Certification

Certificate of participation

Every participant of the summer school will receive a certificate of participation signed by the general chair and/or program committee members.

ECTS credits

The EATEL Summer School on Technology Enhanced-Learning offers an opportunity for PhD students to certify their participation and receive ECTS credits. To make this possible, the European Association for Technology-Enhanced Learning (EATEL) cooperates with the Norwegian University of Science and Technology (NTNU).

NTNU runs a course Learning in Technology Rich Environments (DT8115) for PhD students. This course requires PhD students to study a provided syllabus of key articles on Technology-Enhanced Learning (adapted to the specific trends and topics presented at the summer school), write an essay, and take an oral [teleconference] exam, to demonstrate what they learnt. The essays and exams will be evaluated upon given criteria. After successful completion of the course, the PhD students will be granted with 7.5 ECTS points.

NTNU will make special arrangements to allow all PhD candidates who attend the EATEL summer school to take the DT8115 course. The educational activities at the summer school are counted as part of course workload. More information about the course is presented below.

The PhD candidates who wish to take this course will have to identify this in their application forms. See Call for Participation for details.

Learning in Technology Rich Environments

Reading material

The syllabus of the course provides an overview of the field of Technology-Enhanced Learning (TEL). The major topics covered by the reading materials of the course are also represented by the keynotes and workshops of the EATEL summer school. You can find a set of 10 main articles and six additional articles below.

Assignment

The assignment is an individual or a collaborative essay. The essay should be between 2000 and 3000 words. Please, do not exceed the limit! The essay should follow one of the suggested formats (see below). The selected format should be clearly marked in the submitted document.

The assignment should be submitted at least one week before your scheduled oral [teleconference] exam. The preliminary dates are 19-30 August 2019.

The following formats are suggested:

  1. Individual reflection paper. This paper should contain lessons learnt from the summer school, structuring and summarising notes and knowledge. The candidate should select at least five related or relevant TEL sessions/topics from the summer school (keynotes or workshops), discuss them and the reflect on own prior and advanced knowledge on the selected topics. Connection to the own area of research and specific work of the candidate is expected. Possible questions to discuss: How can you change or improve your PhD work after getting insights from several relevant topics? What new perspectives, hypotheses, methods, analyses and/or expected results do you consider?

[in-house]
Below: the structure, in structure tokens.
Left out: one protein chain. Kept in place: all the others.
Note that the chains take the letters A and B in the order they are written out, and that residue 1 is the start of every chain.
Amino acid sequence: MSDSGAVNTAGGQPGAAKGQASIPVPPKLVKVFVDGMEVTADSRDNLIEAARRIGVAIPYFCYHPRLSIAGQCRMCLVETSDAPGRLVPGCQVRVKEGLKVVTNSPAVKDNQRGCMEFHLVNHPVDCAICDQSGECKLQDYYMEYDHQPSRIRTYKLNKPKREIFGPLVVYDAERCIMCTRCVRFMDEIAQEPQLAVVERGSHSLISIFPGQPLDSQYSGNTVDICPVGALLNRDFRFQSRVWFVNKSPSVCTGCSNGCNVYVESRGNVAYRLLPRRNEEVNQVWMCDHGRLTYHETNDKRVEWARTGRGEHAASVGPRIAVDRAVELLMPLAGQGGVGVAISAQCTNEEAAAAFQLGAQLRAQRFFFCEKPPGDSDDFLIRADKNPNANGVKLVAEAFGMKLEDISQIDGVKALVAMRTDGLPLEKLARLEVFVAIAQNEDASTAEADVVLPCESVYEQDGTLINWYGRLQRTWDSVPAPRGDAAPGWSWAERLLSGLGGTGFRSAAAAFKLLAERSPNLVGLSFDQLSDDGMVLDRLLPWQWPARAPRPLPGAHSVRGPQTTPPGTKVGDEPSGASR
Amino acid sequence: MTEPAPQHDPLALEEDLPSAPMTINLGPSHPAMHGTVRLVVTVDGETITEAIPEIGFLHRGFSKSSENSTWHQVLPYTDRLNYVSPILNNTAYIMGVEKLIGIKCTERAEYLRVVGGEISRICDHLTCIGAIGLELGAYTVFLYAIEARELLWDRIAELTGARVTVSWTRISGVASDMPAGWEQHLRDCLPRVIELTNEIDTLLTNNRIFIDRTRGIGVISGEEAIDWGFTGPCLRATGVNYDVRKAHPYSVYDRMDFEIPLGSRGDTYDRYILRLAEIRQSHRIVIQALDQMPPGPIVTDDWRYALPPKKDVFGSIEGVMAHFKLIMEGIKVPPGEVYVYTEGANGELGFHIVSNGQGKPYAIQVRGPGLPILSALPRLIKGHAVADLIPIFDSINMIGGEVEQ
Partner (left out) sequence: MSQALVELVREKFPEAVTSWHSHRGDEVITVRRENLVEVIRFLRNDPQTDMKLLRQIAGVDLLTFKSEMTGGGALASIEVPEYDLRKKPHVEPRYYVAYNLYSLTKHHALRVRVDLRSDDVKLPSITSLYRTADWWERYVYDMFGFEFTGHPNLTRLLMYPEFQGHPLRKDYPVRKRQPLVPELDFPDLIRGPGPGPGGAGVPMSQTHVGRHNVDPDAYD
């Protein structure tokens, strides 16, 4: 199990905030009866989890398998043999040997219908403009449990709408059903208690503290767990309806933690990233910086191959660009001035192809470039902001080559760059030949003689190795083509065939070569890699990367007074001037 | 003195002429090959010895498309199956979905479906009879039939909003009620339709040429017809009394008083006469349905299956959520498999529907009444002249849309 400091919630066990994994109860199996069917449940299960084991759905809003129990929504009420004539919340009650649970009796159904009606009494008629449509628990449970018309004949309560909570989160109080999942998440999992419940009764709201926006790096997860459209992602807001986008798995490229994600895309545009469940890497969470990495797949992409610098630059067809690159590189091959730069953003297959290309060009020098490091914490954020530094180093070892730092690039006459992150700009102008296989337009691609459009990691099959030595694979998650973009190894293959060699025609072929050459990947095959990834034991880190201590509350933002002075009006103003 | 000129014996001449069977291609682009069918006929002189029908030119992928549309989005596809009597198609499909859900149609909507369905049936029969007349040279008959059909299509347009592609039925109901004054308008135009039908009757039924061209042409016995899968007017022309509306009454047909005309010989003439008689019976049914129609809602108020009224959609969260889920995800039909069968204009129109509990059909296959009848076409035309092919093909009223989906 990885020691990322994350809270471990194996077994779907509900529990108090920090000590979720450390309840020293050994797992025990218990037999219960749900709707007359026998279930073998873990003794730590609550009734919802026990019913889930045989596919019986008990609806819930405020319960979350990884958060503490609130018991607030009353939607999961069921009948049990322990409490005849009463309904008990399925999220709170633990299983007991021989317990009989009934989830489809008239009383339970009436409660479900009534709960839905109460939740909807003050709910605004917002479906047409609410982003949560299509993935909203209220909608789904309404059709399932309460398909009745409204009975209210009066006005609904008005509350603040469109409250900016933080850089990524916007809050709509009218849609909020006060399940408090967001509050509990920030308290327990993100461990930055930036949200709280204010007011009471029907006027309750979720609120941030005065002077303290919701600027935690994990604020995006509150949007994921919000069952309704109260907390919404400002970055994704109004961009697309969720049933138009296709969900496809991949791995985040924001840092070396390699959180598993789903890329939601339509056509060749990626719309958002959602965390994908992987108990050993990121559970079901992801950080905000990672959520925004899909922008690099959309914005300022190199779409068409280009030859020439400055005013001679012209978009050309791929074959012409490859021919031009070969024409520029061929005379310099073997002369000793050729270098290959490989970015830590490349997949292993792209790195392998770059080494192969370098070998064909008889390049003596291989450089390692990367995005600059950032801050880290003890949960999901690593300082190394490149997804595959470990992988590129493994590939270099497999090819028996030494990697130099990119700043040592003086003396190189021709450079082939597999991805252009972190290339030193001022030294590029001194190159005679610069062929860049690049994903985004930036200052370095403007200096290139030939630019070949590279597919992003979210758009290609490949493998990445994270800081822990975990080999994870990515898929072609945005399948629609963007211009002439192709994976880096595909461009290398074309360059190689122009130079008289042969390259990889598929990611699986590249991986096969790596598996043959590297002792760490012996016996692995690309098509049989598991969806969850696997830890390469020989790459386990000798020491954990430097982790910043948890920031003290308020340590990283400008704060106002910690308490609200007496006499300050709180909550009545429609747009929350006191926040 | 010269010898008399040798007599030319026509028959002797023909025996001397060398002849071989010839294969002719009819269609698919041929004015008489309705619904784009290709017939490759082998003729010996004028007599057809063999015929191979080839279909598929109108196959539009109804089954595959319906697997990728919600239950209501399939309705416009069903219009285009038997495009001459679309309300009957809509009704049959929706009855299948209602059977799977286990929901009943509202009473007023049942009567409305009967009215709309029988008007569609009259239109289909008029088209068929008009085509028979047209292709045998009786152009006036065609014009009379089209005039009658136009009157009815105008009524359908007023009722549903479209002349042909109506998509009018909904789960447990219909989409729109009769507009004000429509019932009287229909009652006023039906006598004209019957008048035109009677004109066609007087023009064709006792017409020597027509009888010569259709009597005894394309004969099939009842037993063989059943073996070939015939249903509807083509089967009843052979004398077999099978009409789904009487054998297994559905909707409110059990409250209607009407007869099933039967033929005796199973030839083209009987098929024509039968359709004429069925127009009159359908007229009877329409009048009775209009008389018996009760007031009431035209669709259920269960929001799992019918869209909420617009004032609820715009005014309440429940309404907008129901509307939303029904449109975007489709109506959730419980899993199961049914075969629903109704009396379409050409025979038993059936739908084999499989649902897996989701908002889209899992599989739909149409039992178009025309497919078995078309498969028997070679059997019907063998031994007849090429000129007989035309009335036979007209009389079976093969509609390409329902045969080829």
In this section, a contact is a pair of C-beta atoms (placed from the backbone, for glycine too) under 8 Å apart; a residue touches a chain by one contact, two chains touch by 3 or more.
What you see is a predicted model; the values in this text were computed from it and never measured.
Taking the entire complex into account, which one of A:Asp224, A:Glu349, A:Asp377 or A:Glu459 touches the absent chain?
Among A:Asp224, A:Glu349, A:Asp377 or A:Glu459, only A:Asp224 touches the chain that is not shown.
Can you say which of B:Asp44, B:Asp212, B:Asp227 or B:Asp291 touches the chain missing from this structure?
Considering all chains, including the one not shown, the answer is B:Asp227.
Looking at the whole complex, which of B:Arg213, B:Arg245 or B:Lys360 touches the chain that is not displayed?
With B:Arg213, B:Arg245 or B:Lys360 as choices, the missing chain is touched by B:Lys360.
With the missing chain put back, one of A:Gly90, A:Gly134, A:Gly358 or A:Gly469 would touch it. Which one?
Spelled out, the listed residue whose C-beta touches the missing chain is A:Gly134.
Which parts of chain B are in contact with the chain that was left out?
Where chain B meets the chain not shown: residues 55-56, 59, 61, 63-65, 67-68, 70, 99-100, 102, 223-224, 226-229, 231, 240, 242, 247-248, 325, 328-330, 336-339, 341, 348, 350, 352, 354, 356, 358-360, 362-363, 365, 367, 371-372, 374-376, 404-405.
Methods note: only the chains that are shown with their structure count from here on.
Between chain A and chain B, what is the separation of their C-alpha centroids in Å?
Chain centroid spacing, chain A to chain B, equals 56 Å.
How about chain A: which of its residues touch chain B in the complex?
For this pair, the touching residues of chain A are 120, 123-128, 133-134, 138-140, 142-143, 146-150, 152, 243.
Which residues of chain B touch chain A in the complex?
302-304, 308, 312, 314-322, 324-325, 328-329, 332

2. Individual discussion paper. This paper should enhance the PhD topic of the candidate with one of the major topics of this year’s summer school. The candidate should select one relevant or related TEL topic, which was presented at one or several sessions at the summer school (keynotes or workshops), and discuss own PhD topic in relation to the TEL topic selected from the summer school. Possible questions to discuss: How can you change or improve your PhD work after learning about the new topic/theory/method/technology/project? What new questions can be answered and/or what results can be achieved?
  3. Extended summary of PhD work. This paper should build upon the summary of PhD work of the candidate submitted as part of the PhD student application to participate in the summer school. The updated version of the summary should be supplemented with a paragraph describing what parts of the summary have been improved and what contents of the summer school helped with that. The evaluation of the update version will consider the reviews of the program committee given to the initial version of the summary.
  4. Individual paper draft. A complete draft of an academic publication on a TEL topic, referencing and relating to at least one paper from the syllabus or inspired by one of the keynotes or workshops of the summer school. The candidate should supplement the paper draft with a paragraph describing how the selected syllabus paper or the summer school session inspired the submitted draft paper.